As things got, you know, the numbers, COVID numbers went up.
And so nothing is cast in stone. So it could have changed, but I guess these guys hung on.
So, Okay. More power to them if they can keep it safe. And on campus.
So the other, I think we are, and this kind of leads to the next topic, which is that a bunch of colleges that are open, and are sort of, quote unquote, getting it right.
And, and they seem to have some characteristics that help them sort of stay right.
What do you think of what's going on? And how do you see that unfolding over the next? I mean, we had about a month into colleges have been reopened about maybe two to four weeks.
Yeah, yeah. So I think, um, there's a couple of different articles about things like that. And I think some of the factors that come into play is the location of the school, the draw of the school, meaning how many come from within the state and out of state? Mm, oh, there are schools that are, you know, any school that's smaller, is definitely managing their numbers very well.
So I happen to know, the Oxford campus for Emory University has been really good about being able to manage to keep their numbers low, but it's, it's 45 minutes outside of Atlanta away from their main campus. So it does make a difference. It's only freshmen and sophomore on that campus. So again, your population is also smaller.
And then I've heard the similar kind of stories for even bigger universities like Boise State, and Montana Tech. But it goes back to the schools draw a high number of their students draw from within their state, you know, apparently have low numbers.
And then you take, my own son goes to San Diego State and their numbers, they're trying to do their best to keep the numbers low, but they draw from San Diego State draws from a lot of people all over the country, not just California students. Oh, San Diego County is really scrutinizing what the university is doing, to keep their numbers low, to hopefully move into the next tier fraction of you know, getting out of all these restrictions.
So it's a it's an interesting thing, but I, I do firmly believe, between location size and the draw of the school, has a major impact on those COVID cases, which I think leads into like, why majority the UCs have not done any on campus housing.
There's people that are doing it, and very, very limited, because they do draw from so many different parts of the country. And that will definitely impact the COVID numbers. So yeah, it's an interesting experiment that we're living in.
Yeah, it's interesting that to didn’t say that the students at these schools that are succeeding are better behaved than schools, students elsewhere. Oh, yeah.
Oh yeah! That’s not the case at all.
Yeah, well, maybe, Okay, I, there may be a little bit of that, because when you're at a smaller school, everyone kind of knows everyone, if you go to school have 2 or 3000. that's pretty much a good size High School. Right?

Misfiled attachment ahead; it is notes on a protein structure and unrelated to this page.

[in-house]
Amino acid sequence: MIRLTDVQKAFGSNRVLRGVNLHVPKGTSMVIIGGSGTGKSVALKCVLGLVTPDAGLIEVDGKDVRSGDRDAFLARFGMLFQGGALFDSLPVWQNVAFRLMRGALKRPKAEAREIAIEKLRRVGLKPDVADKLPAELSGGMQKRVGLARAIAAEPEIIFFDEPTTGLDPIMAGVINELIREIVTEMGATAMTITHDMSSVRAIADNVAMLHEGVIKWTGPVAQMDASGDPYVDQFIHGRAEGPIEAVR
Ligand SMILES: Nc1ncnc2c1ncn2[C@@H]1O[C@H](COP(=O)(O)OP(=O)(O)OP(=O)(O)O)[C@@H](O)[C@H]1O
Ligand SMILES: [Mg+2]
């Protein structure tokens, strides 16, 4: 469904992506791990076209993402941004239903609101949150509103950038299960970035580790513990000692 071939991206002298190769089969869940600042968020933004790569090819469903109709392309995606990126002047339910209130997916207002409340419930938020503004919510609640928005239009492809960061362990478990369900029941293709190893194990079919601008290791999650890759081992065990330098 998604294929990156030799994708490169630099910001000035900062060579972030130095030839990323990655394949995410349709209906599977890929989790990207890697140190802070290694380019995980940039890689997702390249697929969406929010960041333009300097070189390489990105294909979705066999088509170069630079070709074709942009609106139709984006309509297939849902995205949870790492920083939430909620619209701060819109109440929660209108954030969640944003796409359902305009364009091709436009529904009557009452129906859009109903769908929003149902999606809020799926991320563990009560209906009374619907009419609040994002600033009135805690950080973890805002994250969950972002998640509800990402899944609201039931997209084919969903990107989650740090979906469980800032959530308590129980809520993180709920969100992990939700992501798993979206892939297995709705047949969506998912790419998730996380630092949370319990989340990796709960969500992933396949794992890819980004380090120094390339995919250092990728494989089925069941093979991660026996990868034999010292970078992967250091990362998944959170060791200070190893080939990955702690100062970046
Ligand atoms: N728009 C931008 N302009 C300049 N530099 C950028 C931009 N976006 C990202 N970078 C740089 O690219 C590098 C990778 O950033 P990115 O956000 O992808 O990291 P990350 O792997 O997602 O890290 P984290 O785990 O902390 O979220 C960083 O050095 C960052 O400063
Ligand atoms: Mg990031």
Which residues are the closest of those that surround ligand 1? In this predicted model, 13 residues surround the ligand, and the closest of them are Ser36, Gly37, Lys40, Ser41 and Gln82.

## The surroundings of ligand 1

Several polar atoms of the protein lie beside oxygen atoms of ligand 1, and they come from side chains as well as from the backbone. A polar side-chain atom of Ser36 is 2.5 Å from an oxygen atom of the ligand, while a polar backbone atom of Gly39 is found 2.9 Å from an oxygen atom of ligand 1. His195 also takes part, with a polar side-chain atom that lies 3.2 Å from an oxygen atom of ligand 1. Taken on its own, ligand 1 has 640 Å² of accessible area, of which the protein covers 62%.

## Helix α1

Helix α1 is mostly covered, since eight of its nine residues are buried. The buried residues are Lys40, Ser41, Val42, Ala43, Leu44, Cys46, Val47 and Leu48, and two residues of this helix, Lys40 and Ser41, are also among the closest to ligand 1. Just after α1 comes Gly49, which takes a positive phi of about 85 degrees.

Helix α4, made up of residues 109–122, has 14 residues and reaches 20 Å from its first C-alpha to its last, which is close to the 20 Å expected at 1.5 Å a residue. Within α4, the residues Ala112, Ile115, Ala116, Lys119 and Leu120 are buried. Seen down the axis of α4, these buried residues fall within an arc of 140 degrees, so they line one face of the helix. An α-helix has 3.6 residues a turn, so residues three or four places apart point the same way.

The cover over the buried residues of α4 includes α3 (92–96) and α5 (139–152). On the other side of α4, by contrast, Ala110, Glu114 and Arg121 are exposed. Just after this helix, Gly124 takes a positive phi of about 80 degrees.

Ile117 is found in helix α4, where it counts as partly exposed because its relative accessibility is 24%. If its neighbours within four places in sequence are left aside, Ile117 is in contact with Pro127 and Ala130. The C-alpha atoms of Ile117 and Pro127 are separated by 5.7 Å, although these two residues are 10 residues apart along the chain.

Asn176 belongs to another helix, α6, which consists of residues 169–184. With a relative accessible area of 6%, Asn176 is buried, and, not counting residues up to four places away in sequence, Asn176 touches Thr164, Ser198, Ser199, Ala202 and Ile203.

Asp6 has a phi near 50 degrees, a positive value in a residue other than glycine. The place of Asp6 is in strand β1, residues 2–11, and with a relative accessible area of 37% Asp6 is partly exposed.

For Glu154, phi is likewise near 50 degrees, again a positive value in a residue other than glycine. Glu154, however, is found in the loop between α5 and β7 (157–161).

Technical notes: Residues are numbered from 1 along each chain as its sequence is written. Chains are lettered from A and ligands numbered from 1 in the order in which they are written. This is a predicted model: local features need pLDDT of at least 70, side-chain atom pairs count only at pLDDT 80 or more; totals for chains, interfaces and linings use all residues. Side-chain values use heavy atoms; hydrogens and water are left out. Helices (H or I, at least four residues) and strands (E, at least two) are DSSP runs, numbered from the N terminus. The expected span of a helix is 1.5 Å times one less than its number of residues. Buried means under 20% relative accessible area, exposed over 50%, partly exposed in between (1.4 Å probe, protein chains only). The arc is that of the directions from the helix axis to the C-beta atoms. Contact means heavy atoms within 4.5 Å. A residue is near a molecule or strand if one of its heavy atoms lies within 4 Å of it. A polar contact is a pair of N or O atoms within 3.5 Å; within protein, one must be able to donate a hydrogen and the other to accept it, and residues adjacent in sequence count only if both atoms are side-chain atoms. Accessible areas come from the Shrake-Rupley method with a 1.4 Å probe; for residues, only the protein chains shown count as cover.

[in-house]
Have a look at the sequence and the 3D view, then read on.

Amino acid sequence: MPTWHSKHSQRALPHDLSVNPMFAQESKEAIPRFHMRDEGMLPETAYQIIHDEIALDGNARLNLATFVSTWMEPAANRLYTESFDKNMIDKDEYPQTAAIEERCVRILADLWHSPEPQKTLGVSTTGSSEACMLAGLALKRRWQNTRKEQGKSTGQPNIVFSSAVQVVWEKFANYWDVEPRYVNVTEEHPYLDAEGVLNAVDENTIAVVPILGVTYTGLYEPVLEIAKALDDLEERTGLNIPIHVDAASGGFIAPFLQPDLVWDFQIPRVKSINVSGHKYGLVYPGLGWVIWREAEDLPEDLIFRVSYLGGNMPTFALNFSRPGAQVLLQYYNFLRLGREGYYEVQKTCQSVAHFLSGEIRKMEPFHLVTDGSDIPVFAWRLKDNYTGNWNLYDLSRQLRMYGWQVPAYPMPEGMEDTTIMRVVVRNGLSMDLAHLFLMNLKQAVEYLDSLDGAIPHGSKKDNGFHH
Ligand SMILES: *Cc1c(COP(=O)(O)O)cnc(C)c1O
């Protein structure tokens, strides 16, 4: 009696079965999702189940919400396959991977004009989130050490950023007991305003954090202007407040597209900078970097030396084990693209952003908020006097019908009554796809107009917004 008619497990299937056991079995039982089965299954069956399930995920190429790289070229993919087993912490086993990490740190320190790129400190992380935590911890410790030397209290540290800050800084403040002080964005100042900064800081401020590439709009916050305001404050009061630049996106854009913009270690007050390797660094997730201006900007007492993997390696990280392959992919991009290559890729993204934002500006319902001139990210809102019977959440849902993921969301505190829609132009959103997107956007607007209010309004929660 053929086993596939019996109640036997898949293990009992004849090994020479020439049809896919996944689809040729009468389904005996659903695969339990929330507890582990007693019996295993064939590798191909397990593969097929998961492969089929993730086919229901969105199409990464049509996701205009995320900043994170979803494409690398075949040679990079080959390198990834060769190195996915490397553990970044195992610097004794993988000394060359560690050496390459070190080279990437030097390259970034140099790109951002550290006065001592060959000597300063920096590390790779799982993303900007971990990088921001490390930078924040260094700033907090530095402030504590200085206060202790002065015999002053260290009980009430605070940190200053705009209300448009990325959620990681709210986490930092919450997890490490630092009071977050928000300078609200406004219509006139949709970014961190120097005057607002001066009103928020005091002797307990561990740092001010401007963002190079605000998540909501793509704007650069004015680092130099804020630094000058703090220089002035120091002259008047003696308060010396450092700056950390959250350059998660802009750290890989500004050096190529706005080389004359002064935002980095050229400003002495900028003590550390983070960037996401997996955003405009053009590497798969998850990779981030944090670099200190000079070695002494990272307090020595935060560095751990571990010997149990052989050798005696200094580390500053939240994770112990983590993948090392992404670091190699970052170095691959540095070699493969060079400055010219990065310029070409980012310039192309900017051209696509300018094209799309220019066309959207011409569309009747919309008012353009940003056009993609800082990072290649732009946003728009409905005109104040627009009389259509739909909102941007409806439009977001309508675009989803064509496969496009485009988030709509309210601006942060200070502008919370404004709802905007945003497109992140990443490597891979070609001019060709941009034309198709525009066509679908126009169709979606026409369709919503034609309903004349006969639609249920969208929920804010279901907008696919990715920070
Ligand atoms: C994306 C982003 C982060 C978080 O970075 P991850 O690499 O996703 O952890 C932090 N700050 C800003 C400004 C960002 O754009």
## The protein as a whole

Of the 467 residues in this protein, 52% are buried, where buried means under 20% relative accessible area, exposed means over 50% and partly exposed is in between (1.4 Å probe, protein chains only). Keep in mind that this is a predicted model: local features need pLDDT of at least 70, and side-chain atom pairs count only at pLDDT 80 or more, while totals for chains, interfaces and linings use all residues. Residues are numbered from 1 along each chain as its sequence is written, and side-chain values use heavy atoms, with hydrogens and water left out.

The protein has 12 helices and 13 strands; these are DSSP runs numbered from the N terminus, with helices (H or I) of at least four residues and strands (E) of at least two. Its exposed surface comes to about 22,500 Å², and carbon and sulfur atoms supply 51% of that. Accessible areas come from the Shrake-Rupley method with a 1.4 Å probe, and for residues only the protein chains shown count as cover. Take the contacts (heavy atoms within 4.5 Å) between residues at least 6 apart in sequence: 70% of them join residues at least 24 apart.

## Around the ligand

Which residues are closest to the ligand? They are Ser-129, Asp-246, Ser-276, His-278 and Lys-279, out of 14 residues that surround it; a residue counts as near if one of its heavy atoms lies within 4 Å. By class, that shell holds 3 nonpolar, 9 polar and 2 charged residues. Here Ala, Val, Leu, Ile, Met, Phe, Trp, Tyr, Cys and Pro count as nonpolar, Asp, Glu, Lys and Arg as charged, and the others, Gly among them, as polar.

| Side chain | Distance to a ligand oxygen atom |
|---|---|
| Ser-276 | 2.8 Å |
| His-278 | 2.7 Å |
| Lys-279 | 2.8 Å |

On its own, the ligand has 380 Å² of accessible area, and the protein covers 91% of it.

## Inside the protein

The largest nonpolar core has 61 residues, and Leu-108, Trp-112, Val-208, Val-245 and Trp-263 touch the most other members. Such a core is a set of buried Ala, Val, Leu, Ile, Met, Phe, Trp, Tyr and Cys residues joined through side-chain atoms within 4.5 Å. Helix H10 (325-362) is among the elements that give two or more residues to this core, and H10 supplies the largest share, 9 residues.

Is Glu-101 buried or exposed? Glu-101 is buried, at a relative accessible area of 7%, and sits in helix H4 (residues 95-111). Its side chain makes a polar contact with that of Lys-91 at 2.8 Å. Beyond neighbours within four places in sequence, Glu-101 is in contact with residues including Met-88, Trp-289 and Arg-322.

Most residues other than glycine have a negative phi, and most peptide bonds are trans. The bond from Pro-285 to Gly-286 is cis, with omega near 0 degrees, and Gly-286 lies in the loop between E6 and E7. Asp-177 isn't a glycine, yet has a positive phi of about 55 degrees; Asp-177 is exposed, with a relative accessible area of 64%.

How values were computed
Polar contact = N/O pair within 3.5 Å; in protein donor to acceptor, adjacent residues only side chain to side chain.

And you tend to know, everybody, if you're going to school of 10 2030, even 40,000 students? Yeah, it's a different environment. And so yeah, I, I definitely, I'd like to give the kids credit in doing their part. And there is a percentage that are but I think there's that small percentage that isn't, and that's what happens to their cases, it explodes from literally one party!
Yeah, I mean, I think I think, you know, you just have to know how to manage around that. And, I guess, some, some of the colleges, at some of the colleges anyway, students are sort of blowing the whistle, on others who are partying.
Now, I don't know if that's a good thing or a bad thing. But it, it at least provides some way of policing or self policing, if you will.
Yeah, I was, universities are, you know, they're trying anything that might help and it’s incentive, you know, they're hiring, maybe extra security to walk around campus to enforce wearing masks and social distancing.
If they are encouraging students to report, you know, gather, large gatherings and things like that. So they can do the university can come and break them up, kind of thing.
I know, universities are also giving incentives to test their kids bar, avoiding the test or refusing to test and the universities are saying it's better for us to test more, and as much as possible, and if they're able to do it financially, they'll give them incentives.
I think I heard one university is giving like Starbucks coupon.
Yeah, everything, whatever works,
Whatever works, you know, and, and because this is such a, you know, unprece.., unpre...I can't speak this morning.
Unprecedented Yeah, I think I know what you're saying. Yeah.
That you've got it. You've got to be open to new ideas. Yeah...
Well, um, keep watching as usual, then.
And thank you so much for doing this again today. And have a great weekend and we'll talk soon.
Yep. Bye Bye.
Hi again, hope you enjoyed this conversation with Shveta Bagade on this week's College News Fit to Digest. Stay connected with us by Subscribing to Apple Podcasts, Google Podcasts or Spotify or visit anchor.fm forward slash almamatters [anchor.fm/almamatters].